one of those books that I would prefer to own than to borrow, many simple recipies a primer on cooking for those trying to go beyond the vary basics. I love the pantry contents advice as it's rare to find and it looks quite sensible.
joyfullyretired reviewed this
Rated 5/5
Alice Waters is the cebrated owner of Chez Panisse, an internationally known restaurant in Berkeley, California and the author of numerous cookbooks. Ms. Waters is also well known for being a big part of the food revolution of the last several decades. Her attitude toward food and cooking steered us back from the trend of buying everything from the shelf and freezer."I'm convinced that the underlying principles of good cooking are the same everywhere. These principles have less to do with recipes and techniques than they do with gathering good ingredients, which for me is the essence of cooking."Ms. Waters believes that if we follow these principles we will transform our cooking.Eat locally and sustainablyEat seasonallyShop at farmers' marketsPlant a gardenConserve, compost and recycleCook simply, engaging all your sensesCook togetherEat togetherRemeber food is preciousThe book is divided into two parts. The first part is "lessons and foundations" and, believe me, this is not just for new cooks. I could have used this forty years ago. I especially liked her section on stocking a pantry, what equipment to buy, and menu planning. In Part I she also covers basic procedures like making broth and sauces, cooking beans and pastas, slow cooking and grilling, and on to desserts. It's a fabulous cooking-school-in-a-book. I recommend Part I if you want a solid understanding of the basic skills of a good cook.Part II is the gravy - it's all about the recipes. The very first chapter of this section reminds me of my youngest granddaughter, Lou. Even as a little one she would say when hungry, "I need a little something." In this"little something" chapter the author gives us marinated cheese with herbs and olives, stuffed eggs, fresh-pickled vegetables and a lot more. The rest of Part II covers more sauces, salads, soups, pasta, breads, eggs and cheese, vegetables, fish, poultry, meat and more desserts. I'd love to tell you about the various recipes but I'm afraid this review will be extremely long.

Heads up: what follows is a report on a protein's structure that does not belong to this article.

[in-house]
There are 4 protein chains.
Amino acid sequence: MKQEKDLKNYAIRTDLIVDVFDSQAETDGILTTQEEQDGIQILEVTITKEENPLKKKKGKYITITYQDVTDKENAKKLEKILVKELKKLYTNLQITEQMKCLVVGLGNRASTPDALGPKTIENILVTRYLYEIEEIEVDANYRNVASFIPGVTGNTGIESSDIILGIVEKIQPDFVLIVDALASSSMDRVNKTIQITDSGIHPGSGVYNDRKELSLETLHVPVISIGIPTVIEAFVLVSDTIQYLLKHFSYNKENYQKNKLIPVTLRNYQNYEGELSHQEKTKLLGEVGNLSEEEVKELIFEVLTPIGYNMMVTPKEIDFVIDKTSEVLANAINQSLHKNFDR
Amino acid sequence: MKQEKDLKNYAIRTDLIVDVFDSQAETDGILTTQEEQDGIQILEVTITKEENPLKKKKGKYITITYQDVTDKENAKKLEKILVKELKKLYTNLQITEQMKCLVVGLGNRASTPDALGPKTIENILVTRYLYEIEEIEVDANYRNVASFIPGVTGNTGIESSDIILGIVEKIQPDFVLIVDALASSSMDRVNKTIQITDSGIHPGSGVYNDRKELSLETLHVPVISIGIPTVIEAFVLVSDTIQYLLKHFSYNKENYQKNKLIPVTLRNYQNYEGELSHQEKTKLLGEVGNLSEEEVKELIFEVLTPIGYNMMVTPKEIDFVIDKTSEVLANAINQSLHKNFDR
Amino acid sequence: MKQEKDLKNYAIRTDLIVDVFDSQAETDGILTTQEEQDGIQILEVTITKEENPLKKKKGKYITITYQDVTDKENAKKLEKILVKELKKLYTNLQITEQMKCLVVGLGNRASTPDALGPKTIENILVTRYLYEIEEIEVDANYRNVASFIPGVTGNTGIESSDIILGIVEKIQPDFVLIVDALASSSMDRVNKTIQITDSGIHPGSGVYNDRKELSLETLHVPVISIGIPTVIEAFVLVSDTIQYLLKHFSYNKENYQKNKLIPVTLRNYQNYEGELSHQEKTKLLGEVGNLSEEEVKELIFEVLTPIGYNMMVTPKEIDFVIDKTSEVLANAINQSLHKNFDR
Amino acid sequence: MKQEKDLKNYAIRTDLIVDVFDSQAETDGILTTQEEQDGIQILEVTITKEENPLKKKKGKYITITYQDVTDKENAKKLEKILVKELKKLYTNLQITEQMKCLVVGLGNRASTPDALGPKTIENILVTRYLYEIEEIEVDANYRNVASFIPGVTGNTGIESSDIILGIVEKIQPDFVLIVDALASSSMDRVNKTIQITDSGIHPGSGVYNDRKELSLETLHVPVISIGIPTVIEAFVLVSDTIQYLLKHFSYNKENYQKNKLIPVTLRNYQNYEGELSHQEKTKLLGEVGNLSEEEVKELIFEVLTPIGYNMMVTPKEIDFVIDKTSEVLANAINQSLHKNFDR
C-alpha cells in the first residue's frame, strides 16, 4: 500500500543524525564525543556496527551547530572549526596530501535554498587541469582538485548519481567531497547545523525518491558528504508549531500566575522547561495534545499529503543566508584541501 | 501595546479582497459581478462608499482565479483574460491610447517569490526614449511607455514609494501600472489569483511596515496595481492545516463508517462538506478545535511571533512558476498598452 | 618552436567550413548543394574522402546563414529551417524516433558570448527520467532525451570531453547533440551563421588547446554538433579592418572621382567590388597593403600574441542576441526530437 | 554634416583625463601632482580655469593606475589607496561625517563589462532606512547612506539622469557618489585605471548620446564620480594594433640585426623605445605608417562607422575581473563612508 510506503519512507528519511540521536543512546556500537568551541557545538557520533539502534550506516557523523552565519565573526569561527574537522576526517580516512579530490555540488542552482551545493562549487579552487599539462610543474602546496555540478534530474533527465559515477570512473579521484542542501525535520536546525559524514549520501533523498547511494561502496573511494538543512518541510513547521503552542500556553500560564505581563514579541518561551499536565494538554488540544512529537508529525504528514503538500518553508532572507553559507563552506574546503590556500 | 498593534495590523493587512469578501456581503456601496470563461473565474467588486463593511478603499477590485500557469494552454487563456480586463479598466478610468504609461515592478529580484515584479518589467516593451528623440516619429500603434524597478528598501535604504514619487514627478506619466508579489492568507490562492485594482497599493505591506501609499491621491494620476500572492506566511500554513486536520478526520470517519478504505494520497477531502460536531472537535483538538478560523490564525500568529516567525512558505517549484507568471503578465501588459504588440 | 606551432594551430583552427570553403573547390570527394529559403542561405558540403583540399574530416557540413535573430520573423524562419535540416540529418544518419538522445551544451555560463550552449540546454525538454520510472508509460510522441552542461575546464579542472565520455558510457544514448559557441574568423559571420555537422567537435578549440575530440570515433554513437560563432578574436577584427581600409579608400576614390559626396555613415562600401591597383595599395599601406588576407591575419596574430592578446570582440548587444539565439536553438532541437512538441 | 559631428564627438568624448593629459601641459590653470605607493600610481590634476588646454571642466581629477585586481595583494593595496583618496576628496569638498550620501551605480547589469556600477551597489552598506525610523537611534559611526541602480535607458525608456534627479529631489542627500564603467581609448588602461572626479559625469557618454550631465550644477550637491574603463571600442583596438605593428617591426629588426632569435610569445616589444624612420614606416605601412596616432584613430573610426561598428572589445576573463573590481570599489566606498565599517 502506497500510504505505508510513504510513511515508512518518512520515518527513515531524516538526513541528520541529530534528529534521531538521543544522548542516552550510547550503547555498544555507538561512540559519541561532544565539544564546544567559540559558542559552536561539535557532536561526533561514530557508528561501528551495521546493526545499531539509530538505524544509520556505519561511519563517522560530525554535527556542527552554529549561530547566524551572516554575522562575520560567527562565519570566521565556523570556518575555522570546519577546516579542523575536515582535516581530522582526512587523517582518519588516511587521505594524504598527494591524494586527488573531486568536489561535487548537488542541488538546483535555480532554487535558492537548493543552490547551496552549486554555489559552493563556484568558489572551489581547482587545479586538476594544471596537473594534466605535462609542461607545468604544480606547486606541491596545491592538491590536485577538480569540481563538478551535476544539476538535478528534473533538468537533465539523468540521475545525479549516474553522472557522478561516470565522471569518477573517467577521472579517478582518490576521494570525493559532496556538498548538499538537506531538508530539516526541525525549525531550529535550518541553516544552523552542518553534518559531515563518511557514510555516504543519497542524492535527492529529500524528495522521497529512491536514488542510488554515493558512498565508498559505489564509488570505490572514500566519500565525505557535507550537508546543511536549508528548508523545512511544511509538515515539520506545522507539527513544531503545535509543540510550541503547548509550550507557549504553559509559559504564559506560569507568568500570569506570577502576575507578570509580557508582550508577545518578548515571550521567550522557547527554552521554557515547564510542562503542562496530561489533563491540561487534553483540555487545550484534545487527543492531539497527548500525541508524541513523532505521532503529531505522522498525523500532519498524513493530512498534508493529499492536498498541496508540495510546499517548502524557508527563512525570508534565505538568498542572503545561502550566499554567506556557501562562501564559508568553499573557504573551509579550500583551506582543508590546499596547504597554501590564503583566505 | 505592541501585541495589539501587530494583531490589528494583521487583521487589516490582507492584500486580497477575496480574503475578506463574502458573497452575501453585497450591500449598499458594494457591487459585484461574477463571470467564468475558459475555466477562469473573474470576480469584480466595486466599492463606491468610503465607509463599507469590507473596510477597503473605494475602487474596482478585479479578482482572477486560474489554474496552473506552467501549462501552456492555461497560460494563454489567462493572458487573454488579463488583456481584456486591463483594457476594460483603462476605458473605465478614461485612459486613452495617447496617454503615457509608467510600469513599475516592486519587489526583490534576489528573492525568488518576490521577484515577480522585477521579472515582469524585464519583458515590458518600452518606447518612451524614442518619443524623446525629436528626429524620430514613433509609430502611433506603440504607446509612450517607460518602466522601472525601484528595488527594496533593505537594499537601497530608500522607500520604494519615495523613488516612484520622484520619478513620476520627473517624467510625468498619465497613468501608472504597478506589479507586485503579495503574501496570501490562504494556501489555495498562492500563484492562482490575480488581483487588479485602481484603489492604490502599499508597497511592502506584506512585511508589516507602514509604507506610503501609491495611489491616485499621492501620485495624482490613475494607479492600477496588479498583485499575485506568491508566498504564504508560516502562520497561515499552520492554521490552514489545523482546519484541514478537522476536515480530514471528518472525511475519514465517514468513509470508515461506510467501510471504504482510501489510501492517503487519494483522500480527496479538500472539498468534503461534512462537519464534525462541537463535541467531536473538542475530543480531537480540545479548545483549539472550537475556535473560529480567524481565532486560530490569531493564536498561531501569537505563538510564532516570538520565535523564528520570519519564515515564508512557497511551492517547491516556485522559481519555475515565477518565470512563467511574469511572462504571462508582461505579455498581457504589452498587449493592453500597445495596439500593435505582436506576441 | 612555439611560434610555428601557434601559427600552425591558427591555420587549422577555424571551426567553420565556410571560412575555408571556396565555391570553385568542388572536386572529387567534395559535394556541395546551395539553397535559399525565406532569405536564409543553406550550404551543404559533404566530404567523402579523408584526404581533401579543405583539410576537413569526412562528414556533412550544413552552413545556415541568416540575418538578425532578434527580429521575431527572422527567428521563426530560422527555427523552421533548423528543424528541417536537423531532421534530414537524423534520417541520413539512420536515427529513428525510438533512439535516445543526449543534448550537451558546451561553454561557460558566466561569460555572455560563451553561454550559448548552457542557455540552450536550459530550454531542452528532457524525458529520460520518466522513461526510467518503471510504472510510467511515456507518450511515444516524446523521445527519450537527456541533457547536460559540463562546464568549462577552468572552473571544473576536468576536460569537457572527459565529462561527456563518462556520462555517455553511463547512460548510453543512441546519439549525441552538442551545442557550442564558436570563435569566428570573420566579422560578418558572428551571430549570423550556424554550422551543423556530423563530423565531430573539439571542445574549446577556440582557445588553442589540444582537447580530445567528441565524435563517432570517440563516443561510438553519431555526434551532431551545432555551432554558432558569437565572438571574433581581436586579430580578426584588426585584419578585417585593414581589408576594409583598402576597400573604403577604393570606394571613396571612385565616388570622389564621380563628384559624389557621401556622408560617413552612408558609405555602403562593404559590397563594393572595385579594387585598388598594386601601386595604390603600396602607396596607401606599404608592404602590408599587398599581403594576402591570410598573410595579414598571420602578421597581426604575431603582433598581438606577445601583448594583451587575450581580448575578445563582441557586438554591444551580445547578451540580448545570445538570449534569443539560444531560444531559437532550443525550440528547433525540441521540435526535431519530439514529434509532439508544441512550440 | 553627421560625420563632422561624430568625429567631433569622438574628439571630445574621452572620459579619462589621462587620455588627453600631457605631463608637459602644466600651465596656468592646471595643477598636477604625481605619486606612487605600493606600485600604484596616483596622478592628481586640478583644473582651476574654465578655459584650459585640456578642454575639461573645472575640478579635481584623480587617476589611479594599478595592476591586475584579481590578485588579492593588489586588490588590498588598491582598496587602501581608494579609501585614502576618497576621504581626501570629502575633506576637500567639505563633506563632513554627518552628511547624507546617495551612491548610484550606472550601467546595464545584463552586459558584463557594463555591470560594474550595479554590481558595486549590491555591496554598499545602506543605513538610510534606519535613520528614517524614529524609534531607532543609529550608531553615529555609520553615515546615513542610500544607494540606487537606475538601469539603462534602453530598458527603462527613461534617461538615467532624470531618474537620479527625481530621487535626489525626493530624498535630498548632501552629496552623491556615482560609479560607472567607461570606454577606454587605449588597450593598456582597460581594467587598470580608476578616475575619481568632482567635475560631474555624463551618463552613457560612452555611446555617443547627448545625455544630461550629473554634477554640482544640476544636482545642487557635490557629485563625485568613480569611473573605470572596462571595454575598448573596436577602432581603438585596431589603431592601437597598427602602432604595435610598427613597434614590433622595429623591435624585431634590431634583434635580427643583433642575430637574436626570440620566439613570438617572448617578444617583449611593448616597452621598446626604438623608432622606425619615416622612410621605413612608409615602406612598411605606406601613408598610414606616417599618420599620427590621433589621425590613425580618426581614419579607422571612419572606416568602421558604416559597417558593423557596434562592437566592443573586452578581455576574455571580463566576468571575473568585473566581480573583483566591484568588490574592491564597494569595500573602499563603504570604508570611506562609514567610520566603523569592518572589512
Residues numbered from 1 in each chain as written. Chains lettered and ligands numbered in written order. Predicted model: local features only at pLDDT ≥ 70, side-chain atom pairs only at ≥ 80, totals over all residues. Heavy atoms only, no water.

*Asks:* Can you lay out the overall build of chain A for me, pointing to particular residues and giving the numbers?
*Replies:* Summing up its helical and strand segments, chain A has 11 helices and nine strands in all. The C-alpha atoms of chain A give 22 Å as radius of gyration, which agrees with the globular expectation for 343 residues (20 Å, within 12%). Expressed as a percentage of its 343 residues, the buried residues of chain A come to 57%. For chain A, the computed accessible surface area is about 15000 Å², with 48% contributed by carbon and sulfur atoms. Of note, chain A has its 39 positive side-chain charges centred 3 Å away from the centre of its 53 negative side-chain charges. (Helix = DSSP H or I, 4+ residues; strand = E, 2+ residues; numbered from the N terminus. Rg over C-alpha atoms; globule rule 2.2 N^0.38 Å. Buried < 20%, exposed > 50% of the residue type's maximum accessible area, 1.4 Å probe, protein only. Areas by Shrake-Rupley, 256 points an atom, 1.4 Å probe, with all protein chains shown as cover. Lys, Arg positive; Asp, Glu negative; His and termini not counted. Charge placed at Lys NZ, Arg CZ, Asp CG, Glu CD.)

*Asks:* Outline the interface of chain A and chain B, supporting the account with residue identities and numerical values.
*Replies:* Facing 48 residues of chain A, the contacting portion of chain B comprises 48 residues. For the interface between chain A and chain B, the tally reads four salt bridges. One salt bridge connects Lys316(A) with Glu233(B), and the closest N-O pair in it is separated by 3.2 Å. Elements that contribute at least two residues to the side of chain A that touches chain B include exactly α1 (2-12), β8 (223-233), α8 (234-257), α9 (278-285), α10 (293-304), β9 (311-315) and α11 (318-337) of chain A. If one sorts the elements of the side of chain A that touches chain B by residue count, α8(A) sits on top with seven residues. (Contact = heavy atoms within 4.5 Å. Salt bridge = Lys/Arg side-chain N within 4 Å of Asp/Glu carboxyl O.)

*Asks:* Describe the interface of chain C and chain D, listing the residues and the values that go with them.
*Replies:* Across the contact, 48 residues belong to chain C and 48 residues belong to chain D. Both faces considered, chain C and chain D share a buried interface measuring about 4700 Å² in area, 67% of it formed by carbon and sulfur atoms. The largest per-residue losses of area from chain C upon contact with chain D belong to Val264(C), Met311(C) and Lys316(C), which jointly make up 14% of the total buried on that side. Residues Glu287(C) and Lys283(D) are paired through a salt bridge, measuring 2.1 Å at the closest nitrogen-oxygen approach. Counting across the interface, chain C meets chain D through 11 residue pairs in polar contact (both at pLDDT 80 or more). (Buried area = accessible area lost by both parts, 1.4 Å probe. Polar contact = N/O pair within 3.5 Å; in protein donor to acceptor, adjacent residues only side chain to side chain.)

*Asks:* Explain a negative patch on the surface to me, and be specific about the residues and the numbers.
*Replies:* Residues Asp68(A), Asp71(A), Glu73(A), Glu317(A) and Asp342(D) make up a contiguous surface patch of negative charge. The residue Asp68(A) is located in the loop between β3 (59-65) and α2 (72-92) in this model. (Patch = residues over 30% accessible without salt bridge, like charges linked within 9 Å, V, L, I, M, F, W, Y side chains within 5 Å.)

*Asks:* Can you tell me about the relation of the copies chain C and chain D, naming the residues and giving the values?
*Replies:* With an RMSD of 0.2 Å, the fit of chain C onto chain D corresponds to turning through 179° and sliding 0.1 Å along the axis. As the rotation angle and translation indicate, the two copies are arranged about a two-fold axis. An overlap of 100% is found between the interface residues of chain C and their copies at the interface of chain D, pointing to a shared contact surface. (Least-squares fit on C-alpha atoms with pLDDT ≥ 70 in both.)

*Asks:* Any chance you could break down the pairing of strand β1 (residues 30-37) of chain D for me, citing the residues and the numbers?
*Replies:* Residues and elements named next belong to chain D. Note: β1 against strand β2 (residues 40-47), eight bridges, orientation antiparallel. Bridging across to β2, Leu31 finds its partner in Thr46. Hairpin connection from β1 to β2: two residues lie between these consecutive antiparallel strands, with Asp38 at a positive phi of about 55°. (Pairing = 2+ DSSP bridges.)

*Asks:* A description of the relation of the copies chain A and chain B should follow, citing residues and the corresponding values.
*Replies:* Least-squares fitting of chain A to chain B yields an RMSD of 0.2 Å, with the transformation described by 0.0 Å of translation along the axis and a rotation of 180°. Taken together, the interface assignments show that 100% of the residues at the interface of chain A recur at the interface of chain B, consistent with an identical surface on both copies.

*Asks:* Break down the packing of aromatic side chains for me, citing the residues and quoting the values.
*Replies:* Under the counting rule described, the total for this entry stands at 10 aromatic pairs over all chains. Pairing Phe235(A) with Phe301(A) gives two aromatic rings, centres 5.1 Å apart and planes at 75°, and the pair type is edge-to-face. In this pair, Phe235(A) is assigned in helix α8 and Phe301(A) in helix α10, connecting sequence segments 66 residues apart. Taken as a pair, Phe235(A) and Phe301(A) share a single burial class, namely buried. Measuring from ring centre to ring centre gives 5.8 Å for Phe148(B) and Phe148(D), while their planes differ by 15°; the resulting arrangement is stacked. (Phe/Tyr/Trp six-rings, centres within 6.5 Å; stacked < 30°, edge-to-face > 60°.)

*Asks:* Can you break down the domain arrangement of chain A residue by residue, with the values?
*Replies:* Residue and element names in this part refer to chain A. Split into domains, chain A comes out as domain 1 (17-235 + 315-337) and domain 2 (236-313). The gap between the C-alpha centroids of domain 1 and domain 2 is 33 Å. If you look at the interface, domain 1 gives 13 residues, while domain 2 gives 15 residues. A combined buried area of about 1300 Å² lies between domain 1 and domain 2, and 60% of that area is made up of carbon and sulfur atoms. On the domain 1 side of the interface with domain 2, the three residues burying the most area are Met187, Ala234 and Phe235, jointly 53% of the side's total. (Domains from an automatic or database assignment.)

kdmclynn reviewed this